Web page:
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The Authenticity of this Epistle is attested by Clement of Rome [First Epistle to the Corinthians, 47], Polycarp [Epistle to the Philippians, 11], and Irenæus [Against Heresies, 4.27.3]. The city to which it was sent was famed for its wealth and commerce, which were chiefly due to its situation between the Ionian and Ægean Seas on the isthmus connecting the Peloponese with Greece. In Paul's time it was the capital of the province Achaia and the seat of the Roman proconsul (Ac 18:12). The state of morals in it was notorious for debauchery, even in the profligate heathen world; so much so that "to Corinthianize" was a proverbial phrase for "to play the wanton"; hence arose dangers to the purity of the Christian Church at Corinth. That Church was founded by Paul on his first visit (Ac 18:1-17).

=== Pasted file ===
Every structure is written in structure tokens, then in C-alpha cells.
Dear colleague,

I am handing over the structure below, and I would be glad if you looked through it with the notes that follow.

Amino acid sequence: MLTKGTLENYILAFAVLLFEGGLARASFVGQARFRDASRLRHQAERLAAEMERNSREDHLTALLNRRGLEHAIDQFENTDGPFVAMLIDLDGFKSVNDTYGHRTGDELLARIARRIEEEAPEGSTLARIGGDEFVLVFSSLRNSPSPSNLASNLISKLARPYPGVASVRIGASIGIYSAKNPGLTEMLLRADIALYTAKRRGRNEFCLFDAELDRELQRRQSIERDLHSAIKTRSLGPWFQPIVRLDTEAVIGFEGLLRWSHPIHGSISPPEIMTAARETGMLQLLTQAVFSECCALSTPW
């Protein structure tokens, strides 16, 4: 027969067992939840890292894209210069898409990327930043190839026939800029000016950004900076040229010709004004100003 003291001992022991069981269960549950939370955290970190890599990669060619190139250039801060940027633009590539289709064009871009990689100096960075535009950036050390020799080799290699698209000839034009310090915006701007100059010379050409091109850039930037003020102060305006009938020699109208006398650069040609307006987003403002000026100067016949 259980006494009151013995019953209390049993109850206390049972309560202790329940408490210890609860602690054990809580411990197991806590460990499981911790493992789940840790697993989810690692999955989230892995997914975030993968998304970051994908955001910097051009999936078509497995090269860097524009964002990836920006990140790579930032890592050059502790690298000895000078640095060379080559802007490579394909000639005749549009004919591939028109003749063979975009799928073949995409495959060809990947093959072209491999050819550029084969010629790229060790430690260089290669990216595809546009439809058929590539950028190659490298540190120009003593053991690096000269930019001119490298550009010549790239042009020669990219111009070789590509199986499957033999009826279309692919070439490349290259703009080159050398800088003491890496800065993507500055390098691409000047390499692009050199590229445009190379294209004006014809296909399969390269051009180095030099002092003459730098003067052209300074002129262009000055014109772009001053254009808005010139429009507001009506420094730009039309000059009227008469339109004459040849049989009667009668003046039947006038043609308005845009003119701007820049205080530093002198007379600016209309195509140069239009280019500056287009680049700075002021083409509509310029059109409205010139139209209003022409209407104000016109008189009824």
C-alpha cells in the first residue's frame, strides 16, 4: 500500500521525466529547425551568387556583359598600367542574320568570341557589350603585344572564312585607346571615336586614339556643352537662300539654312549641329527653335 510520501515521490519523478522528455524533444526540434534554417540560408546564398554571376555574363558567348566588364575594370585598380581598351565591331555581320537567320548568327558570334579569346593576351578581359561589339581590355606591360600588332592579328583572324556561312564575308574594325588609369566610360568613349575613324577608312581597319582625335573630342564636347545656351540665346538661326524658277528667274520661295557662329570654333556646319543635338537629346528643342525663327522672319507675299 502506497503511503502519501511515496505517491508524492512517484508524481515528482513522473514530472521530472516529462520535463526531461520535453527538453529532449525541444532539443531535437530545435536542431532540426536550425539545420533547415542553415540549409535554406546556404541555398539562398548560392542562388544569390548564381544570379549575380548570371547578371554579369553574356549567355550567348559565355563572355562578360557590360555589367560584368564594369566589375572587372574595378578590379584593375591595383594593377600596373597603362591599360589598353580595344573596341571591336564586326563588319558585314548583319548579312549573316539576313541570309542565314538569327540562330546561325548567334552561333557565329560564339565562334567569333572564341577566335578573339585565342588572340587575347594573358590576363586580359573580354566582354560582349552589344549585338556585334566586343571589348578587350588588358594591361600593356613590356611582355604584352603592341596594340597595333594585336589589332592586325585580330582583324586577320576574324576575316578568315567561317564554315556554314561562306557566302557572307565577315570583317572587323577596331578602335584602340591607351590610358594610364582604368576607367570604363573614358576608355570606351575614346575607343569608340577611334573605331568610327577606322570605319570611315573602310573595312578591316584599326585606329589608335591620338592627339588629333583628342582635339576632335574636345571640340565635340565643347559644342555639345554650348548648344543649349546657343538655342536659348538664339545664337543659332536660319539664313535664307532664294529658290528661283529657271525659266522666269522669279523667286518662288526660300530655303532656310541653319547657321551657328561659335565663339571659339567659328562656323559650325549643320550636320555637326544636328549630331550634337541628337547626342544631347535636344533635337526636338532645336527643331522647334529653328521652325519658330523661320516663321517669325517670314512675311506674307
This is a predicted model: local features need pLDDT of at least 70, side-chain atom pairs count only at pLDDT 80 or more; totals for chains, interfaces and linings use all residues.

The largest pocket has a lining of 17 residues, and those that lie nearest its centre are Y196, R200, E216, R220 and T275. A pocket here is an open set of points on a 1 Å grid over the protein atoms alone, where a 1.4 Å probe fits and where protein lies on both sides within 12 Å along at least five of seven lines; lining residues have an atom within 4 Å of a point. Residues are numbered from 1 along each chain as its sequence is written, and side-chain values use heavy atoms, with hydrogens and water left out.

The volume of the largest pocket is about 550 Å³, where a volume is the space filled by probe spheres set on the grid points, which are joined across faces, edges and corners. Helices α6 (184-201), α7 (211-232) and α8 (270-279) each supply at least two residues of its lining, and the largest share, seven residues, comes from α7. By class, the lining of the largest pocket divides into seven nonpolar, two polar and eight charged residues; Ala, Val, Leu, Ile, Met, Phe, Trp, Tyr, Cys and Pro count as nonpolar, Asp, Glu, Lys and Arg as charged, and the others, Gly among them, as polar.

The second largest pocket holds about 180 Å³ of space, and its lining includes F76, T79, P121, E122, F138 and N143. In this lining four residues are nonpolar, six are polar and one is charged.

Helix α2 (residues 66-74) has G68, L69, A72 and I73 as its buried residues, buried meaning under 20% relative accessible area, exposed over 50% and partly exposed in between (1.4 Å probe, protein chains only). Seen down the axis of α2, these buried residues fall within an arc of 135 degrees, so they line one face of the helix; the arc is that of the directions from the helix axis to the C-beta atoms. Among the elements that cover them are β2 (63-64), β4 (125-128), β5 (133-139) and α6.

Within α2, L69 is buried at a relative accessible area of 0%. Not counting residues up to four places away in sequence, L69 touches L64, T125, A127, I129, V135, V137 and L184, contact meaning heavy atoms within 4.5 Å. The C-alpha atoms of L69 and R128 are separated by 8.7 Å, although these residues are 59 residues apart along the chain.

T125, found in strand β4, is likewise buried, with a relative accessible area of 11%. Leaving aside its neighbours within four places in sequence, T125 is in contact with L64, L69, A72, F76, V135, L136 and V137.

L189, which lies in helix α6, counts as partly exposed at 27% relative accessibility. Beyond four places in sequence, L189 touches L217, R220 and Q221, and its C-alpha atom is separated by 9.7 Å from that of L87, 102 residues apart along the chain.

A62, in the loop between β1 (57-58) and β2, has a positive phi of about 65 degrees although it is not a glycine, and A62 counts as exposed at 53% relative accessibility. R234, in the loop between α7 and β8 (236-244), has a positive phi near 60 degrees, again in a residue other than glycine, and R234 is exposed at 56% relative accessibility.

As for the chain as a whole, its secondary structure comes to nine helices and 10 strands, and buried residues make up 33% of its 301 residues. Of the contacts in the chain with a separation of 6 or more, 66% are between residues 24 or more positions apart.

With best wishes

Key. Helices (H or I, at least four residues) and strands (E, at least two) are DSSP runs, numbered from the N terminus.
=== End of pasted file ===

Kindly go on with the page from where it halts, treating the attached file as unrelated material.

He had been the instrument of converting many Gentiles (1Co 12:2), and some Jews (Ac 18:8), notwithstanding the vehement opposition of the countrymen of the latter (Ac 18:5), during the year and a half in which he sojourned there. The converts were chiefly of the humbler classes (1Co 1:26, &c.). Crispus (1Co 1:14; Ac 18:8), Erastus, and Gaius (Caius) were, however, men of rank (Ro 16:23). A variety of classes is also implied in 1Co 11:22. The risk of contamination by contact with the surrounding corruptions, and the temptation to a craving for Greek philosophy and rhetoric (which Apollos' eloquent style rather tended to foster, Ac 18:24, &c.) in contrast to Paul's simple preaching of Christ crucified (1Co 2:1, &c.), as well as the opposition of certain teachers to him, naturally caused him anxiety. Emissaries from the Judaizers of Palestine boasted of "letters of commendation" from Jerusalem, the metropolis of the faith. They did not, it is true, insist on circumcision in refined Corinth, where the attempt would have been hopeless, as they did among the simpler people of Galatia; but they attacked the apostolic authority of Paul (1Co 9:1, 2; 2Co 10:1, 7, 8), some of them declaring themselves followers of Cephas, the chief apostle, others boasting that they belonged to Christ Himself (1Co 1:12; 2Co 10:7), while they haughtily repudiated all subordinate teaching. Those persons gave out themselves for apostles (2Co 11:5, 13). The ground taken by them was that Paul was not one of the Twelve, and not an eye-witness of the Gospel facts, and durst not prove his apostleship by claiming sustenance from the Christian Church. Another section avowed themselves followers of Paul himself, but did so in a party spirit, exalting the minister rather than Christ. The followers of Apollos, again, unduly prized his Alexandrian learning and eloquence, to the disparagement of the apostle, who studiously avoided any deviation from Christian simplicity (1Co 2:1-5). In some of this last philosophizing party there may have arisen the Antinomian tendency which tried to defend theoretically their own practical immorality: hence their denial of the future resurrection, and their adoption of the Epicurean motto, prevalent in heathen Corinth, "Let us eat and drink, for to-morrow we die" (1Co 15:32). Hence, perhaps, arose their connivance at the incestuous intercourse kept up by one of the so-called Christian body with his stepmother during his father's life. The household of Chloe informed Paul of many other evils: such as contentions, divisions, and lawsuits brought against brethren in heathen law courts by professing Christians; the abuse of their spiritual gifts into occasions of display and fanaticism; the interruption of public worship by simultaneous and disorderly ministrations, and decorum violated by women speaking unveiled (contrary to Oriental usage), and so usurping the office of men, and even the holy communion desecrated by greediness and revelling on the part of the communicants. Other messengers, also, came from Corinth, consulting him on the subject of (1) the controversy about meats offered to idols; (2) the disputes about celibacy and marriage; (3) the due exercise of spiritual gifts in public worship; (4) the best mode of making the collection which he had requested for the saints at Jerusalem (1Co 16:1, &c.). Such were the circumstances which called forth the First Epistle to the Corinthians, the most varied in its topics of all the Epistles.